Tonight I took a picture of my husband singing to our younger son.
I snapped a picture and realized Anthony was singing a song important to both of us.
I melted, remembering that song playing on an evening that would prove pivotal to both our lives.
And then? Then he wrote a post about that song, lullabies, love.
How I love this man!
I met Rara and her husband, Dave, a week before my second son was born.
Rara went to prison a couple of weeks later. Innocence doesn’t pay attorney fees.
She’s still in prison.
She was there when Dave posted that he had an infection a few weeks ago.
She was there when he died soon after.
Today, my husband, sons and I drove to Dave’s memorial.
My five-year-old, Li’l D, couldn’t understand how Rara had ended up in prison.
My husband and I answered Li’l D’s many questions until my husband finally said, “Some bad guys fight with swords. Other bad guys fight with paper. She met the kind who fights with paper.” Read more…
“10 Ways I’m an Awesome Mom,” a blog title boldly proclaimed this morning.
I had to read it. It’s not often I see the words “I,” “awesome” and “mom” in the same sentence. From experience, I’d only expect to see them in the (way) negative:
- I fail at being an awesome mom.
- I suck at being an awesome mom.
- I will never be an awesome mom.
Life is full of imperfect moments and good intentions translated into hurtful actions. It’s important to share those moments and, seeing others’, understand we have so much in common. We face many of the same trials. There’s no shame in them.
Still, I sometimes feel heavy-hearted at how imbalanced sharing. Many bloggers I love share their faults far more often than their successes. I want to read about both. I wonder if they even see their successes.
Catherine’s list of ways she rocks motherhood lifted my heart. Like Catherine, I enjoy improvising songs for my little ones. Like her, I don’t fear dirt. It just so happens I spent a chunk of childhood running barefoot around my neighborhood.
I thought, “Maybe I should write my own 10 ways I’m an awesome mom!”
But you know what I just said about difficulty seeing our own successes?
It applies to me, too.
I started drafting my list in my brain. For the first couple of hours, it looked like this: Read more…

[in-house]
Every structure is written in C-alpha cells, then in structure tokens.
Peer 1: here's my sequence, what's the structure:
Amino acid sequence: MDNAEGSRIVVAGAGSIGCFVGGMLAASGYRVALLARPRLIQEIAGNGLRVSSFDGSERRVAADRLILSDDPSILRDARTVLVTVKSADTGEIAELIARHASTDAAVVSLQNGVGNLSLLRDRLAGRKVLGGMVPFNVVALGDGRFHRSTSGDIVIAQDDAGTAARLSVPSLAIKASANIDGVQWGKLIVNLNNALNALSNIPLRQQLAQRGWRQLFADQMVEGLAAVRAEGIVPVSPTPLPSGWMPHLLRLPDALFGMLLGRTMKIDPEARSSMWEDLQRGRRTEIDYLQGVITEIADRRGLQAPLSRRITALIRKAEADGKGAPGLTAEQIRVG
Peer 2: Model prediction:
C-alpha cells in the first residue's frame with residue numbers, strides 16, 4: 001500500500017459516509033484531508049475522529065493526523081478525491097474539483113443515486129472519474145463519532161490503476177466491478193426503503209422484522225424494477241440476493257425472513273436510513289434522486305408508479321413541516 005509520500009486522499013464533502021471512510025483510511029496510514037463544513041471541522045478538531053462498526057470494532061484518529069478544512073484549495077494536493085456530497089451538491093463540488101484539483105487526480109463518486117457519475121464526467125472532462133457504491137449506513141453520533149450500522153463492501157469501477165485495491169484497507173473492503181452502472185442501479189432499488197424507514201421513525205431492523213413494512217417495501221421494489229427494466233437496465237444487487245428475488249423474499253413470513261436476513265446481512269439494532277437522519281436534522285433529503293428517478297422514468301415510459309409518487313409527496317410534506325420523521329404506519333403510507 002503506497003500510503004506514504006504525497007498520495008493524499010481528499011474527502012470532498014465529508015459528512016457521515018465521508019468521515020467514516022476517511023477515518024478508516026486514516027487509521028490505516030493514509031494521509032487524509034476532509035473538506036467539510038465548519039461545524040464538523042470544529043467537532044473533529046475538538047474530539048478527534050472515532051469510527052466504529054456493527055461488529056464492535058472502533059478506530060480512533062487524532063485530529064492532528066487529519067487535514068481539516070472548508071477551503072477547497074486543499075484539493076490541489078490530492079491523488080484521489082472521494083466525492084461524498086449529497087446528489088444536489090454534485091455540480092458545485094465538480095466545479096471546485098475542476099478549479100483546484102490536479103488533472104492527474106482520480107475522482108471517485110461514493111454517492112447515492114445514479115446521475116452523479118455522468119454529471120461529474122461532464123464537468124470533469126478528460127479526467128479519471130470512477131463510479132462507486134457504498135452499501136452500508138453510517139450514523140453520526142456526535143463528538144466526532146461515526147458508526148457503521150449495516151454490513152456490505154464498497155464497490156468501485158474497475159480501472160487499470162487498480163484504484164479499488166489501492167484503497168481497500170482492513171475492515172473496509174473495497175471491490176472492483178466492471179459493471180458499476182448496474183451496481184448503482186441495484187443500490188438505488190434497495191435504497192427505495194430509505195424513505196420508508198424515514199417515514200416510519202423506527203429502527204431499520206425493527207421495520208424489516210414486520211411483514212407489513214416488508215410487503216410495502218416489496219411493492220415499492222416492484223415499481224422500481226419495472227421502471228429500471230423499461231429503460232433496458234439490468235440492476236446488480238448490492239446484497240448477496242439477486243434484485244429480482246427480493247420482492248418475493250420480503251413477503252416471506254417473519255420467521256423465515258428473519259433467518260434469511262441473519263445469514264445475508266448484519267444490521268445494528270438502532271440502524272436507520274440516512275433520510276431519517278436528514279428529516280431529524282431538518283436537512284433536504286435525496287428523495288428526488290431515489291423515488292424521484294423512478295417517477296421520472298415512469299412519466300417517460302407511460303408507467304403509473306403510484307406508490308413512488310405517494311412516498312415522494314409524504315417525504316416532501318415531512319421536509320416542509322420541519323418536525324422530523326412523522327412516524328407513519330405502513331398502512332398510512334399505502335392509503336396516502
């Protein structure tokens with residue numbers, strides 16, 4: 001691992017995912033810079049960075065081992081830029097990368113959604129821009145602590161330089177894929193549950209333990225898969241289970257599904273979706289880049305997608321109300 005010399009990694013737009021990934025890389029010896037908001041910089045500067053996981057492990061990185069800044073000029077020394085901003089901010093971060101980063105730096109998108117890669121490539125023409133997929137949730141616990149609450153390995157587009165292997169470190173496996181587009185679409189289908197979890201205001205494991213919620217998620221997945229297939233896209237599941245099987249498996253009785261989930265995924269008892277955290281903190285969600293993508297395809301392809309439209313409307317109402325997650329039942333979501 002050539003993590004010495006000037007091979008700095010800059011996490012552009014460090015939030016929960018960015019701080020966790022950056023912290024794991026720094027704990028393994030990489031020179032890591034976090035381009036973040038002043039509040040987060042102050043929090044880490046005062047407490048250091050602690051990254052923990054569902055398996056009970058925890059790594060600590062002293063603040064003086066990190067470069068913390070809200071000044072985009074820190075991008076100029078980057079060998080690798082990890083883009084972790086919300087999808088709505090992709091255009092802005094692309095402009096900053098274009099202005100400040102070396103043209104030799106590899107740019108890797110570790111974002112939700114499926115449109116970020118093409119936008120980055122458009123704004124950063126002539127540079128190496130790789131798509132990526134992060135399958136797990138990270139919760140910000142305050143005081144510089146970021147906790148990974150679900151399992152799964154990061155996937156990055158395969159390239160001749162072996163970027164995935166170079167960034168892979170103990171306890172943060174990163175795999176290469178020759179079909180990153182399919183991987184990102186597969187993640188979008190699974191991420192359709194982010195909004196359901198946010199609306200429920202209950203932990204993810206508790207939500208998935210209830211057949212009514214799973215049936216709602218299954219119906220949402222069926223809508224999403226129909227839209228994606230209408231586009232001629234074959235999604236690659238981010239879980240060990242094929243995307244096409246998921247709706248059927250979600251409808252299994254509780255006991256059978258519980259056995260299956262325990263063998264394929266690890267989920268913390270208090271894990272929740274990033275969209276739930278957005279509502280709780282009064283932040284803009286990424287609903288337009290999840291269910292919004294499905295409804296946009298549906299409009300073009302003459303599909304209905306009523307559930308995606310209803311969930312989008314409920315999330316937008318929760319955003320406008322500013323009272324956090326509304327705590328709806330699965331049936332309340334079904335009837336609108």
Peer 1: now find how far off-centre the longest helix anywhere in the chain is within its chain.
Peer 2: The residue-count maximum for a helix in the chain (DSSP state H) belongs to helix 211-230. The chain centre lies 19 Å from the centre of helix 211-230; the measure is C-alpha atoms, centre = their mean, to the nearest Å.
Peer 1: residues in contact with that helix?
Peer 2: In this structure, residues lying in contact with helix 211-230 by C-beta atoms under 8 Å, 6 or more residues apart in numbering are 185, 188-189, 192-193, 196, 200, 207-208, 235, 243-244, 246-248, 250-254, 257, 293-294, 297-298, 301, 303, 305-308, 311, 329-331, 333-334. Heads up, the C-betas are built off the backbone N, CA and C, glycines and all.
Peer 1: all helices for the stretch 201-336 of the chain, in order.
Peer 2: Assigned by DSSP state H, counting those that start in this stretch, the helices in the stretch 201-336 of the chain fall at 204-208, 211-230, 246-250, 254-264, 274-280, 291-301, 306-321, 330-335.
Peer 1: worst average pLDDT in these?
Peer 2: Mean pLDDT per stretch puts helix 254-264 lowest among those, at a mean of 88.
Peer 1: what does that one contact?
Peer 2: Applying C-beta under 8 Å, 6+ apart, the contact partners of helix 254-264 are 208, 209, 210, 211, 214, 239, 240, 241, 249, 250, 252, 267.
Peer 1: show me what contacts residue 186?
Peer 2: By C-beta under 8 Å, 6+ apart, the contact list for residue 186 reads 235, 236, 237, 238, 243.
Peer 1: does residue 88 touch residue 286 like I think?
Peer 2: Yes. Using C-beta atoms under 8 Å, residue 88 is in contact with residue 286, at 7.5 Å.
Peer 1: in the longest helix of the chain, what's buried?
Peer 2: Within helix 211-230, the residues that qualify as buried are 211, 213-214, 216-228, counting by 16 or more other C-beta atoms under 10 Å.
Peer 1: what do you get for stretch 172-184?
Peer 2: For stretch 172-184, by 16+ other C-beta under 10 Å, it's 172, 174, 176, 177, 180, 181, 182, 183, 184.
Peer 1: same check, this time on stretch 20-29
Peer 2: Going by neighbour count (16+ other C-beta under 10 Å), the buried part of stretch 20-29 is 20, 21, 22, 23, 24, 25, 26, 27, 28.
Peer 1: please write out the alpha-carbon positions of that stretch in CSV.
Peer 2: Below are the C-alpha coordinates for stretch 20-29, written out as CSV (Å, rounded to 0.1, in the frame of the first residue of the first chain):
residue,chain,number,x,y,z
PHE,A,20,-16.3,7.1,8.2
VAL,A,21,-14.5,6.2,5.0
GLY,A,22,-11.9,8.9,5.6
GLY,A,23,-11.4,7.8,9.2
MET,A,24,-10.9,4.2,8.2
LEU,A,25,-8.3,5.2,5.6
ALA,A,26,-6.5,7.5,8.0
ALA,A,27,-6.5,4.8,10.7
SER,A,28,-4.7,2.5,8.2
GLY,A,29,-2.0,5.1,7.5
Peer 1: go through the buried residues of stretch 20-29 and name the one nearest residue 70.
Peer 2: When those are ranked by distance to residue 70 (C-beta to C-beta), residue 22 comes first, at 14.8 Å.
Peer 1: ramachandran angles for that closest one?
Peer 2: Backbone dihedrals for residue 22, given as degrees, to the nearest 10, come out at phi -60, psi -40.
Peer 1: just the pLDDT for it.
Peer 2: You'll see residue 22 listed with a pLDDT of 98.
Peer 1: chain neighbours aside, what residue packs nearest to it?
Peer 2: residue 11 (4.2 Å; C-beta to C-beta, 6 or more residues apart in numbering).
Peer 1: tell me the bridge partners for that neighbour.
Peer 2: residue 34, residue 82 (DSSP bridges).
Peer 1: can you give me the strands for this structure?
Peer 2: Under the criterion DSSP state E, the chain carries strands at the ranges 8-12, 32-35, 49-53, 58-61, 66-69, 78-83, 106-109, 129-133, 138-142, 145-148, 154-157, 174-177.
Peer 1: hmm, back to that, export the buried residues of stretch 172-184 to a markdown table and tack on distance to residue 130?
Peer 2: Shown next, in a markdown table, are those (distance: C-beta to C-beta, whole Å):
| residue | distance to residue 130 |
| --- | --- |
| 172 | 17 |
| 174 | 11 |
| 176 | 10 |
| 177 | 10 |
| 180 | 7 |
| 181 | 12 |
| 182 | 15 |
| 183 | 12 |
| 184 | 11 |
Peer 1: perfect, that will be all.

My most bittersweet journey to date was made with a friend I’d first known as a sequence of blinking green letters on a black screen.
In 1993, Nathan and I started chatting on local bulletin boards before meeting up in person and becoming in fast friends. In 2008, with many years of history between us, he drove me and my newborn son up to Oregon say goodbye to my dying mom.
Nathan was my first online friend to become an offline friend, but I’ve made many more in the 21 years since then. In fact, almost all of my Los Angeles friendships began as virtual ones.
Mackenzie and I met thanks to our affection for the TV show Buffy the Vampire Slayer; she has been a rock to me since almost the moment we met.
Maggie and I first blog-bonded over our common love of Gandalf before she introduced me to her high school girlfriends, who adopted me as one of their own; I thanked two of them in this shout-out to teachers.
It was Maggie who introduced me to my now husband shortly before I moved to Japan. My second son was born ten years to the day after that meeting.
To say I’m open to beginning friendships online is an understatement. Read more…
I subscribe to several hundred blogs.
Some of the bloggers I follow are work-at-home moms. Others are work-at-home dads.
Many of these blogs are by moms and dads working outside the home. Some have kids with special needs; others have kids who are physically and neurally “typical.” Still others of the blogs I follow are written by folks who have no kids; some never want to have kids.
I follow a handful of teens, as well as some college students. I follow others whose age and parental experiences are totally unknown to me, because they choose to focus on one part of their experience: their faith, their crafts, their hardships with a specific aspect of their lives, like mental illness or being gay within hostile communities.